Judge Rules SAP Must Pay Interest on $1.3B Judgment to Oracle
Adding insult to injury, a federal court judge ruled Dec. 28 that enterprise software maker SAP must pay Oracle prejudgment interest on its Nov. 23 $1.3 billion copyright infringement verdict, but it was about $195 million less than the amount requested by Oracle.
After it won the monthlong jury-trial case in the Oakland, Calif. federal district court, Oracle had asked presiding Judge Phyllis Hamilton for about $211 million in interest from its longtime competitor.
SAP, the largest enterprise application provider in the world, contended in court documents that it shouldn't have to pay interest on the $1.3 billion judgment, which already is the largest intellectual property-connected financial penalty in U.S. legal history.
Sometimes in cases that involve a jury award, interest is awarded to the plaintiff dating back to when the case started in proceedings.
SAP lawyers subsequently asked Hamilton to use a different methodology should she decide interest was necessary. The judge agreed to use SAP's formula without detailing the actual amount SAP would have to pay.
In an email to eWEEK, SAP spokesman Saswato Das revealed the number to be about $16.5 million. An Oracle spokesperson declined comment in answer to an eWEEK query.
"While we believe that Oracle should only be awarded damages, we appreciate that the Court agreed with SAP on the proper calculation of interest in this case which dramatically lowered the amount," Das told eWEEK. "The interest the Court ordered, based on the statutorily-set interest rate of .3% and the accrual period of Sept. 29, 2006 through Dec. 23, 2010, is approximately $16.5 million, rather than the over $200 million Oracle was seeking."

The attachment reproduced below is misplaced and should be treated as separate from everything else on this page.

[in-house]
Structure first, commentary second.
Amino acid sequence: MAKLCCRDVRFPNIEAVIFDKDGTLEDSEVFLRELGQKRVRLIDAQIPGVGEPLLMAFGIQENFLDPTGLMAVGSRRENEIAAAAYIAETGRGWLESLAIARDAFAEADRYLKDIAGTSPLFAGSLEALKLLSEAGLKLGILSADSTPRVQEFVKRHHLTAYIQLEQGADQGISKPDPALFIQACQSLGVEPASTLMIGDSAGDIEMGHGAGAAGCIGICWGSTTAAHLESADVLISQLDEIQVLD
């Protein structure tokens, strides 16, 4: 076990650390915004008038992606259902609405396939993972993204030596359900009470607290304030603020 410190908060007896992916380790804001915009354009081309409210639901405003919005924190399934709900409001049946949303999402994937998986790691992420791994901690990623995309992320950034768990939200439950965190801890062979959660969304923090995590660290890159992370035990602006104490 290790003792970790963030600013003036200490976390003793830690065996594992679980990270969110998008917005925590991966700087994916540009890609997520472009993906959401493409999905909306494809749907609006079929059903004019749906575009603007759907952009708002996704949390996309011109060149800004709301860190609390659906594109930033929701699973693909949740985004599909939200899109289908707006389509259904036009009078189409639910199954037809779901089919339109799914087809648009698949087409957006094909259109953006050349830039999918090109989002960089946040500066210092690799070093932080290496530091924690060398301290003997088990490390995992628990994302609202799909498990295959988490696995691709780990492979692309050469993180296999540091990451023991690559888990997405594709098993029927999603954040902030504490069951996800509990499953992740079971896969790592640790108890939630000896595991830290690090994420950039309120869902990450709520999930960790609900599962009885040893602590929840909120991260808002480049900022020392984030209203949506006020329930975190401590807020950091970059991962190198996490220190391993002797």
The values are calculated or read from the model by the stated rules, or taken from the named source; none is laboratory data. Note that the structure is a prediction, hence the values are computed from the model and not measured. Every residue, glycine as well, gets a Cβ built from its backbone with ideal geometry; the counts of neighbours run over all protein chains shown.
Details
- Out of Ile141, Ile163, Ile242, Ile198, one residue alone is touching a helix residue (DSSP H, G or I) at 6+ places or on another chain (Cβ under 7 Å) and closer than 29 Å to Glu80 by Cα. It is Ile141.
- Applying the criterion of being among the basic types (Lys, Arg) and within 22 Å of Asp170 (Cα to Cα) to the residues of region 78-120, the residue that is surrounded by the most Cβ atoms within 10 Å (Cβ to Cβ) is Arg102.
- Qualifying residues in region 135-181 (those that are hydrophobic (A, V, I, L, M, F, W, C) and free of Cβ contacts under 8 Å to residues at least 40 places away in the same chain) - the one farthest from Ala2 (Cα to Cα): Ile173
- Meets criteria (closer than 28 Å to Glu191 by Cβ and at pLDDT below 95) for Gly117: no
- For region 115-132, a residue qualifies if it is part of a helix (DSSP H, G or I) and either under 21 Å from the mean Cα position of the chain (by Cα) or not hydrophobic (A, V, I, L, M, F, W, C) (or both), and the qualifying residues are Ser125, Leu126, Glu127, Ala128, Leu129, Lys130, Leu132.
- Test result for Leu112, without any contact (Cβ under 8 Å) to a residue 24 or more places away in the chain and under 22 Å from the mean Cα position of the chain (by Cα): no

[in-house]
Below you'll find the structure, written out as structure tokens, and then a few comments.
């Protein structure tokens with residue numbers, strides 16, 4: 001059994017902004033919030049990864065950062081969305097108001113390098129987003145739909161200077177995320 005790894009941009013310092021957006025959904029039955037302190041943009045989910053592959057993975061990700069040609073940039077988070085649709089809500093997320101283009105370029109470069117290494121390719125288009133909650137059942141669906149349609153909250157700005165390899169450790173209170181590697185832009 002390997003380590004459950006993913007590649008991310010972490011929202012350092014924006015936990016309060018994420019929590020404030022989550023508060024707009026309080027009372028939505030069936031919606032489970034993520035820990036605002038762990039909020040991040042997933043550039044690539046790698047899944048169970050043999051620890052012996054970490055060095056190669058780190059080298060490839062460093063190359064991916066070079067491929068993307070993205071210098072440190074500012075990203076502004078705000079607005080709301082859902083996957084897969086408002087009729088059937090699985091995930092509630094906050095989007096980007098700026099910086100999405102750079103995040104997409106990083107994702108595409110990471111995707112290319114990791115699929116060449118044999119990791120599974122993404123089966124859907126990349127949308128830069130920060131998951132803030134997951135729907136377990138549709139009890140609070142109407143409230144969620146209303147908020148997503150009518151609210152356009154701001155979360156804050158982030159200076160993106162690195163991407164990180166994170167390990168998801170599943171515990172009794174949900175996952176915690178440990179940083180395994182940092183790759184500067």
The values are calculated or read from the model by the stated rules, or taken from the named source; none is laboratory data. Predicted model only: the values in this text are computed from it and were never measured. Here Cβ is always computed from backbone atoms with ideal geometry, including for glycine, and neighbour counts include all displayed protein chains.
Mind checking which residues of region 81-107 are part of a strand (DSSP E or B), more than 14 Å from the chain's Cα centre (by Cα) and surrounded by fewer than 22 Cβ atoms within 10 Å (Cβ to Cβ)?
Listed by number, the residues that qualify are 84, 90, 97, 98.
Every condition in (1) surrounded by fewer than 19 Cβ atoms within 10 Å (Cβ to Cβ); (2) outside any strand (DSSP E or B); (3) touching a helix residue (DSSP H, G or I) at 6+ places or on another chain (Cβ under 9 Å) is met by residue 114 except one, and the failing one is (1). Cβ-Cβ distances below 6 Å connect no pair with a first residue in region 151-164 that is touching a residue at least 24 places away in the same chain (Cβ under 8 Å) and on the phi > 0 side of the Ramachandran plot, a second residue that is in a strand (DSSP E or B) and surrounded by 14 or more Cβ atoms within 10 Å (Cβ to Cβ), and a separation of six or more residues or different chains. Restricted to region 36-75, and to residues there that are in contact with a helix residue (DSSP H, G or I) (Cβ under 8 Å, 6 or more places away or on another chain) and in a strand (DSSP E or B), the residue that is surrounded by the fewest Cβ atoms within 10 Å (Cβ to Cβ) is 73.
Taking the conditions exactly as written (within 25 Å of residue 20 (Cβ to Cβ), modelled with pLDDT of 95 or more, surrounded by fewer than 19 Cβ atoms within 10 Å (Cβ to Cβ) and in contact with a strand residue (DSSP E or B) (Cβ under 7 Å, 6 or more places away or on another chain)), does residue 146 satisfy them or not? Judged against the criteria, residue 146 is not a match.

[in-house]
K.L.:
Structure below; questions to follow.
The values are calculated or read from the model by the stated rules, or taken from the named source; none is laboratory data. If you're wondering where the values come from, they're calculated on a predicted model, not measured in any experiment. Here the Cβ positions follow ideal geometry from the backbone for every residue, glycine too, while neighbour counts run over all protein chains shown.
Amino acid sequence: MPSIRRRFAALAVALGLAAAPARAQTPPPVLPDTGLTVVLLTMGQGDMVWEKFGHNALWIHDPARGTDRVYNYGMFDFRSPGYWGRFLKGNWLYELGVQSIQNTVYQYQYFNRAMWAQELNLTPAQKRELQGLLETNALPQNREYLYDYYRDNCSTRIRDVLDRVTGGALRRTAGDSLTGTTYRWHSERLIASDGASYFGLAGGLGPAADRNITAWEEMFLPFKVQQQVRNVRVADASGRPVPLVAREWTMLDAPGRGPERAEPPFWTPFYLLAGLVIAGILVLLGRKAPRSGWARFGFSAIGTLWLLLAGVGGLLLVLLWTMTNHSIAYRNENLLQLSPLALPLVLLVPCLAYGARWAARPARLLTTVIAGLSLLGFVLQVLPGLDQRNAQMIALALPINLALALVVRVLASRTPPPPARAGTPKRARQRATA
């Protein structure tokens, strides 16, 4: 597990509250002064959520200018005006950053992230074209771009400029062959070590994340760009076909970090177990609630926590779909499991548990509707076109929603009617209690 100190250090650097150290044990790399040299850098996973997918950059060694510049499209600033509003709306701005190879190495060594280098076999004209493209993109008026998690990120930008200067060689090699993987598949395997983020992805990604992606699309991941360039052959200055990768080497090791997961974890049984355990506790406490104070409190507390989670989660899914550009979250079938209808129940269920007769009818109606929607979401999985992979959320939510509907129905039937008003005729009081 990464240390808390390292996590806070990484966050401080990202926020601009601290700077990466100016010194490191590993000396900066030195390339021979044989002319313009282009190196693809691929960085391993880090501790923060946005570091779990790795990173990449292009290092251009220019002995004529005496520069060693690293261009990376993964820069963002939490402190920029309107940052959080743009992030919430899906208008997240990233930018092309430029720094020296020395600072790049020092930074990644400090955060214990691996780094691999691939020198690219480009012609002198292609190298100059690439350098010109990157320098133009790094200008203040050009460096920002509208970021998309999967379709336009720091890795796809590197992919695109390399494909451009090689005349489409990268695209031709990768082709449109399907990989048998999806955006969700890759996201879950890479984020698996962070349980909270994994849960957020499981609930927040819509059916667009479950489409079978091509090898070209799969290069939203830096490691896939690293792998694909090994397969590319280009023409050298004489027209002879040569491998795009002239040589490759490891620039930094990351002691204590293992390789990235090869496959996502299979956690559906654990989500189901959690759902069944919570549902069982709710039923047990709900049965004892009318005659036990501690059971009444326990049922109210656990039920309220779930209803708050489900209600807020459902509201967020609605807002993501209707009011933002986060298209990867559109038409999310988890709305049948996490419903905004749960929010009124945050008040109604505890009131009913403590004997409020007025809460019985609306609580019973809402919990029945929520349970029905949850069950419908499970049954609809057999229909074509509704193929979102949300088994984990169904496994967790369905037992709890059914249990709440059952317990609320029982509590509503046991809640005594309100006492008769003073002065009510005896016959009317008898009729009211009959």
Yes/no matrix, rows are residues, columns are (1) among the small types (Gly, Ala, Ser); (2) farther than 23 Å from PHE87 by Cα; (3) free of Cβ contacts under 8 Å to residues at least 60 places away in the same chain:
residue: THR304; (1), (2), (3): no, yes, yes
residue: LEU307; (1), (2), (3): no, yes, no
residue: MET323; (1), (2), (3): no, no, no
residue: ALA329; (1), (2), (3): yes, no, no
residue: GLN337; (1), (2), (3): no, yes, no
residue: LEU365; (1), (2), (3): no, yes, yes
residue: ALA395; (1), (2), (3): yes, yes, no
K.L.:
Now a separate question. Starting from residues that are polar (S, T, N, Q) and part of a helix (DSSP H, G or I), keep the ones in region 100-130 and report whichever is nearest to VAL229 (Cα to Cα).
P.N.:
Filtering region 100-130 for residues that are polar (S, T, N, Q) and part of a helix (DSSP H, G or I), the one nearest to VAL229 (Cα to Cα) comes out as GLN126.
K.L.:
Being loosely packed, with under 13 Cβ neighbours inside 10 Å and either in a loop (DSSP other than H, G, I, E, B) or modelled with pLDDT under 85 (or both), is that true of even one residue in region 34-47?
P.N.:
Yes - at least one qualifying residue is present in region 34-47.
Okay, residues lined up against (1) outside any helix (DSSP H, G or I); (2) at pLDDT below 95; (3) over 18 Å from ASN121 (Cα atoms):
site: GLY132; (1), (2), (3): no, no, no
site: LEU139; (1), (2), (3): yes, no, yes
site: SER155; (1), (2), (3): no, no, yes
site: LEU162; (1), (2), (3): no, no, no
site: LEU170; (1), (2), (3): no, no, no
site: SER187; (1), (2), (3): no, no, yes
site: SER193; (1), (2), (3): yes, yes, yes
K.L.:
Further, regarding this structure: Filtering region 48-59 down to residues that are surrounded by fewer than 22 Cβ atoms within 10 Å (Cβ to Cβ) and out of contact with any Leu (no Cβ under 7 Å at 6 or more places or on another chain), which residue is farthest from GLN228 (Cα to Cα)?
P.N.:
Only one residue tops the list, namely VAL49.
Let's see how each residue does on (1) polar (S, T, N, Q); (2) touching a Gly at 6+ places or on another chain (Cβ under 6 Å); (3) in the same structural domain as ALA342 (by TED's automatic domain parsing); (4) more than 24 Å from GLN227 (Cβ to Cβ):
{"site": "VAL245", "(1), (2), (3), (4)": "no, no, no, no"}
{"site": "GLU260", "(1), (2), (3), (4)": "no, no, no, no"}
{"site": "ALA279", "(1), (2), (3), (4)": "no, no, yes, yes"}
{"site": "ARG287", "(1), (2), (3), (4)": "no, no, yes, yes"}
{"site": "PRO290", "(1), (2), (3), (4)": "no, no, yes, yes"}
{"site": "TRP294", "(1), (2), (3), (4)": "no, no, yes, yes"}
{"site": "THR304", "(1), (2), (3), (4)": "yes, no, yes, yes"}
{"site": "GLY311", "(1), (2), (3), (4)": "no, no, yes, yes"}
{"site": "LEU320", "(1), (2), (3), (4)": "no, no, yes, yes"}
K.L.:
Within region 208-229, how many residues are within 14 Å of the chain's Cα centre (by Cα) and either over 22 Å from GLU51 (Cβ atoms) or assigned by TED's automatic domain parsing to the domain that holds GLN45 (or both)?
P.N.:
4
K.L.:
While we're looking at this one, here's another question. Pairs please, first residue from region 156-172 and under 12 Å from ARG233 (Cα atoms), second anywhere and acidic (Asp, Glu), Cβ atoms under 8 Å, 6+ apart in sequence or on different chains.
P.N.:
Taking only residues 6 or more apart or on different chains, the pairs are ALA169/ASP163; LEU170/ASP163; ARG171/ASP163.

Oracle, in its lawsuit filed in 2007, claimed that SAP -- through a since-liquidated affiliate division called TommorowNow -- illegally downloaded more than 8 million instances of its customer-support software and hundreds of thousands of pages of supporting documentation from one of its Web sites, then used those tools to lure some 350 customers away from Oracle and over to SAP.
SAP took corporate responsibility for the misdeeds in a court document filed Oct. 28 and officially apologized on Nov. 16.
SAP already has paid $120 million for court costs to Oracle and had argued that another $40 million in restitution would constitute a fair amount. Oracle originally claimed in court documents that its lost assets were valued at $2.15 billion, although CEO Larry Ellison testified in court Nov. 8 that $4 billion was closer to the actual amount.
Ultimately, the eight-person jury settled on the $1.3 billion figure. Now there's another $16.5 million for SAP to pay out.